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4 of 4 people found the following review helpful By EmmaZ on September 8, 2013
Format: Hardcover
I like most of the Joe Sandiland's series, this one I found hard to get into and too convoluted overall.
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6 of 7 people found the following review helpful By Shy guy G on August 28, 2013
Format: Kindle Edition Verified Purchase
I know other reviewers loved this book, but I just couldn't warm to it. Too much speech making passing for conversation--no one actually talks that way. The plot twists were sudden and unbelievable and too numerous to keep track of. Some of it was fun, but much was not. I don't want to give away spoilers, so I will merely say there was a lot of cliches masquerading as a novel and I really am considering not continuing with this series.
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3 of 3 people found the following review helpful By mike b on October 11, 2013
Format: Kindle Edition
poorly written dialoge by someone with a tin ear for nuances. americans dont say "hots up", nor would any american ever say "themes lighterman". dont think i can bear to keep reading.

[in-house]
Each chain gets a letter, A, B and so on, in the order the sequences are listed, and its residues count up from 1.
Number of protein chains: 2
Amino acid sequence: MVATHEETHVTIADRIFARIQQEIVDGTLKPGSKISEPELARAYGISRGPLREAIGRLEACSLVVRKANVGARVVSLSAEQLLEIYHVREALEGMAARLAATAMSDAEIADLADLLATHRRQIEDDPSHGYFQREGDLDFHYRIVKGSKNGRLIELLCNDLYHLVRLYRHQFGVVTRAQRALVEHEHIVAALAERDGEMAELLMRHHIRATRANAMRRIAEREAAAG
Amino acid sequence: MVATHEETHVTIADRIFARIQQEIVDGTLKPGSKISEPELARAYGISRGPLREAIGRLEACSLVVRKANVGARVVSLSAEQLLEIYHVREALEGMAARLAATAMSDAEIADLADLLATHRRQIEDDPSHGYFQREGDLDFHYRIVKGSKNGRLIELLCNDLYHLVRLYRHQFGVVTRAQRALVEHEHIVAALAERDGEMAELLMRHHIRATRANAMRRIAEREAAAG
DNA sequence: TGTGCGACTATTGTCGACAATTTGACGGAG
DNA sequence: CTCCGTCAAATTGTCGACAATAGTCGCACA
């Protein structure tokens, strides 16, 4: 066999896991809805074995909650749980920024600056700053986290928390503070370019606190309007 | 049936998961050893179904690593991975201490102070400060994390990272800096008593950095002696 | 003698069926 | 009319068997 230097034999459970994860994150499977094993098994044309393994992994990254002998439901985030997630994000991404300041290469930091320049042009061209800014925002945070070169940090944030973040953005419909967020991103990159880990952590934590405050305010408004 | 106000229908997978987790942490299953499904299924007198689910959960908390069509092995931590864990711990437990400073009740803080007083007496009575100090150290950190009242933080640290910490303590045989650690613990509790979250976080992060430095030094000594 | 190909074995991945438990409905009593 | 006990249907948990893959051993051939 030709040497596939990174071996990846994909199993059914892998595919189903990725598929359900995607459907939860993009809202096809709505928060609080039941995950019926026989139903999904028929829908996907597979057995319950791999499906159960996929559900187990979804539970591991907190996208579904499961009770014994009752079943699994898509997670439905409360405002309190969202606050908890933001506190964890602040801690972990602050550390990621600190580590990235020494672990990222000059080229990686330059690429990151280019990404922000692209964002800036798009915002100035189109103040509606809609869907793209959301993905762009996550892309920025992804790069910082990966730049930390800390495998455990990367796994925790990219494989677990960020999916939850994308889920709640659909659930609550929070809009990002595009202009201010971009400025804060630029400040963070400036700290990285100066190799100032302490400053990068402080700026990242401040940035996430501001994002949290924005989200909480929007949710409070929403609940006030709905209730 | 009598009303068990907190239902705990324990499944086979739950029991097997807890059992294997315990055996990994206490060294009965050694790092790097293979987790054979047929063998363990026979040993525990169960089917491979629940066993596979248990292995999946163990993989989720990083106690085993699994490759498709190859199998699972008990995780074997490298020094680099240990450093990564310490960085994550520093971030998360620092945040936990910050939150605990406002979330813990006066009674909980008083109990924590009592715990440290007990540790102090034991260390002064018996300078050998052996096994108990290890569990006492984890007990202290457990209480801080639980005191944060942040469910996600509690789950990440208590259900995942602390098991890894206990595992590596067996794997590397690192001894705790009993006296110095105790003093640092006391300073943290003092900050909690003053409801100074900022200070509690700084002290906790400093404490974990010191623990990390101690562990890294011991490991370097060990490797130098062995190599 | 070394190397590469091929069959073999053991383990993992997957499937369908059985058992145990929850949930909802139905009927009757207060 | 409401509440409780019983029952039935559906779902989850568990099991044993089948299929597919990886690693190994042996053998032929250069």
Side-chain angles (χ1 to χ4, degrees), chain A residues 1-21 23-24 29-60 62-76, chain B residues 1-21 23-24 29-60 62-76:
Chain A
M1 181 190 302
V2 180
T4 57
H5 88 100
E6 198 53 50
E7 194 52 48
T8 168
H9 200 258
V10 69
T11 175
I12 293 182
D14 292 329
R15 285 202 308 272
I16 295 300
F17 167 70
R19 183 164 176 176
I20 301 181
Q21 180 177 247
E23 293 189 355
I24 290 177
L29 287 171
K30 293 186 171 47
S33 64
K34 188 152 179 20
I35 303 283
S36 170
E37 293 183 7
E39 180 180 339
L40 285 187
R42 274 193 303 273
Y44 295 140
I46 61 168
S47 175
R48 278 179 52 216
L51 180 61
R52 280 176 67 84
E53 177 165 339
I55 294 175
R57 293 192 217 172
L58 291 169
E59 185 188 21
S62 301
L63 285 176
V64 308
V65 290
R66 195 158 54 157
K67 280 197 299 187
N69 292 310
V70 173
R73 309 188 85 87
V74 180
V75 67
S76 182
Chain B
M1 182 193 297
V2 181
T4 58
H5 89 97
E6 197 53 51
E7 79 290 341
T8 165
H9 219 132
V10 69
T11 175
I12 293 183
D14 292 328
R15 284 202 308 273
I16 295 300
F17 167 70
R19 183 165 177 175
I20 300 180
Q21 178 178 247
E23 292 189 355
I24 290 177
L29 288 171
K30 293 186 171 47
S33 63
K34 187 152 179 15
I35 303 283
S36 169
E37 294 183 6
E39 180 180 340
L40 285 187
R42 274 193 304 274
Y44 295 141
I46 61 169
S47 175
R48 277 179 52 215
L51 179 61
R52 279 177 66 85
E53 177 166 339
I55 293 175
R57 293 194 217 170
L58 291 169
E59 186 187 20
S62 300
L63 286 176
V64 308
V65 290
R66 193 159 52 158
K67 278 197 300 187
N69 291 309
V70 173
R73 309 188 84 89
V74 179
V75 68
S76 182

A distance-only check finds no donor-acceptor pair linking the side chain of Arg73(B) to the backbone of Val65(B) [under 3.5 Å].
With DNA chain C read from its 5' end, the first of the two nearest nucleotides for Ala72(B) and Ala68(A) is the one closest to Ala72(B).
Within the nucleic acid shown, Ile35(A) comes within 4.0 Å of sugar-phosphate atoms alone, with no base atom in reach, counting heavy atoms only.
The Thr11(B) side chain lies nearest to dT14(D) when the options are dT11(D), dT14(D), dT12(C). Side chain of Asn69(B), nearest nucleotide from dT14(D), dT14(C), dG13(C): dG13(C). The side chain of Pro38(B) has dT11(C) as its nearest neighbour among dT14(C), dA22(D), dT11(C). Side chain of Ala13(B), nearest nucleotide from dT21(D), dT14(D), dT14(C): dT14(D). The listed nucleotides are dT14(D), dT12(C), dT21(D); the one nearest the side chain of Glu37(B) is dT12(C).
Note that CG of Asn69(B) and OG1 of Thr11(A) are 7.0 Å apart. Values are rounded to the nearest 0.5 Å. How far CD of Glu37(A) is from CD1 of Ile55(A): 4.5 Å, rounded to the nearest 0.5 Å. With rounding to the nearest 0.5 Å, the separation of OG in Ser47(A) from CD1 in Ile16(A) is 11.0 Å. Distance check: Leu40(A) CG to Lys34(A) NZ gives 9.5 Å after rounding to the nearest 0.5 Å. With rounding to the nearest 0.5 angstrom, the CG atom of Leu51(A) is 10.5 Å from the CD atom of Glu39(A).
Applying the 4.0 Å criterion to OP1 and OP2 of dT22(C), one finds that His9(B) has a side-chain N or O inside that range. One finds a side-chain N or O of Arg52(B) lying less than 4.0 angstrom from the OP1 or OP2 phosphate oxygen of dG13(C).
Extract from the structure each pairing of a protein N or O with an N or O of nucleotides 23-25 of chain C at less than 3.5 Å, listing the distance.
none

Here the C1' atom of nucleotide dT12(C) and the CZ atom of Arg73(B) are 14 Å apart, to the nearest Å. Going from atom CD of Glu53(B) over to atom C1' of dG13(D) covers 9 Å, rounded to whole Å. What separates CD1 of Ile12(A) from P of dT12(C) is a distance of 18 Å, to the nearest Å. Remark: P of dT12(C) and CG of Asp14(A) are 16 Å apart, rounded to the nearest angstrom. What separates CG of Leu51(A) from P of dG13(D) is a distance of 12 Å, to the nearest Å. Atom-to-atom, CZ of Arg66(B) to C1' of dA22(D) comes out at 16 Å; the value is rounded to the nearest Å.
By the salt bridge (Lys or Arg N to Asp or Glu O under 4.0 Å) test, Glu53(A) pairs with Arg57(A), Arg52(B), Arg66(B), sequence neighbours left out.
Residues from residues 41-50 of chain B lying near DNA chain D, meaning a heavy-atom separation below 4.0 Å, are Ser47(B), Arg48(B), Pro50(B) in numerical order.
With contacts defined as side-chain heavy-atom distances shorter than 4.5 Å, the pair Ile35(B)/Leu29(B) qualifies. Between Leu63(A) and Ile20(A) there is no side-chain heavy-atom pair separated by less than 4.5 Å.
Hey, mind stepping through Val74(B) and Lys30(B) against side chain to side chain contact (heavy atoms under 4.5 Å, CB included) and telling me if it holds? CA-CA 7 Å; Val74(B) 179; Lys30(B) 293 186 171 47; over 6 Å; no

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3 of 3 people found the following review helpful By WallKrawler on October 7, 2013
Format: Hardcover
I've read all the Joe Sandilands mysteries, as well as the Leatitia Talbot ones, and have found them to be generally entertaining, with a few that were wonderful (The Last Kashmiri Rose, Tug of War). But this must be the first book I have ever given up on within 20 pages from the end. I know that heroes of light suspense books are allowed to have an infinite cast of clever/stalwart/ingenious connections, and I can overlook the fluctuating personalities and sudden new abilities of the characters (I even got past the last novel's awkward culmination of a predictable, but still somewhat disturbing, "romance"). But the endless tedious dialogue towards some vague political plot just finally became too much to wade through. I kept hoping my interest would be sparked by more insight into that volatile period leading up to World War II, but all the intrigue and possible leads and double-crossing just didn't add up to a interesting story. Here's hoping her next book gives us the well-plotted twists and compelling stories she's offered in the past.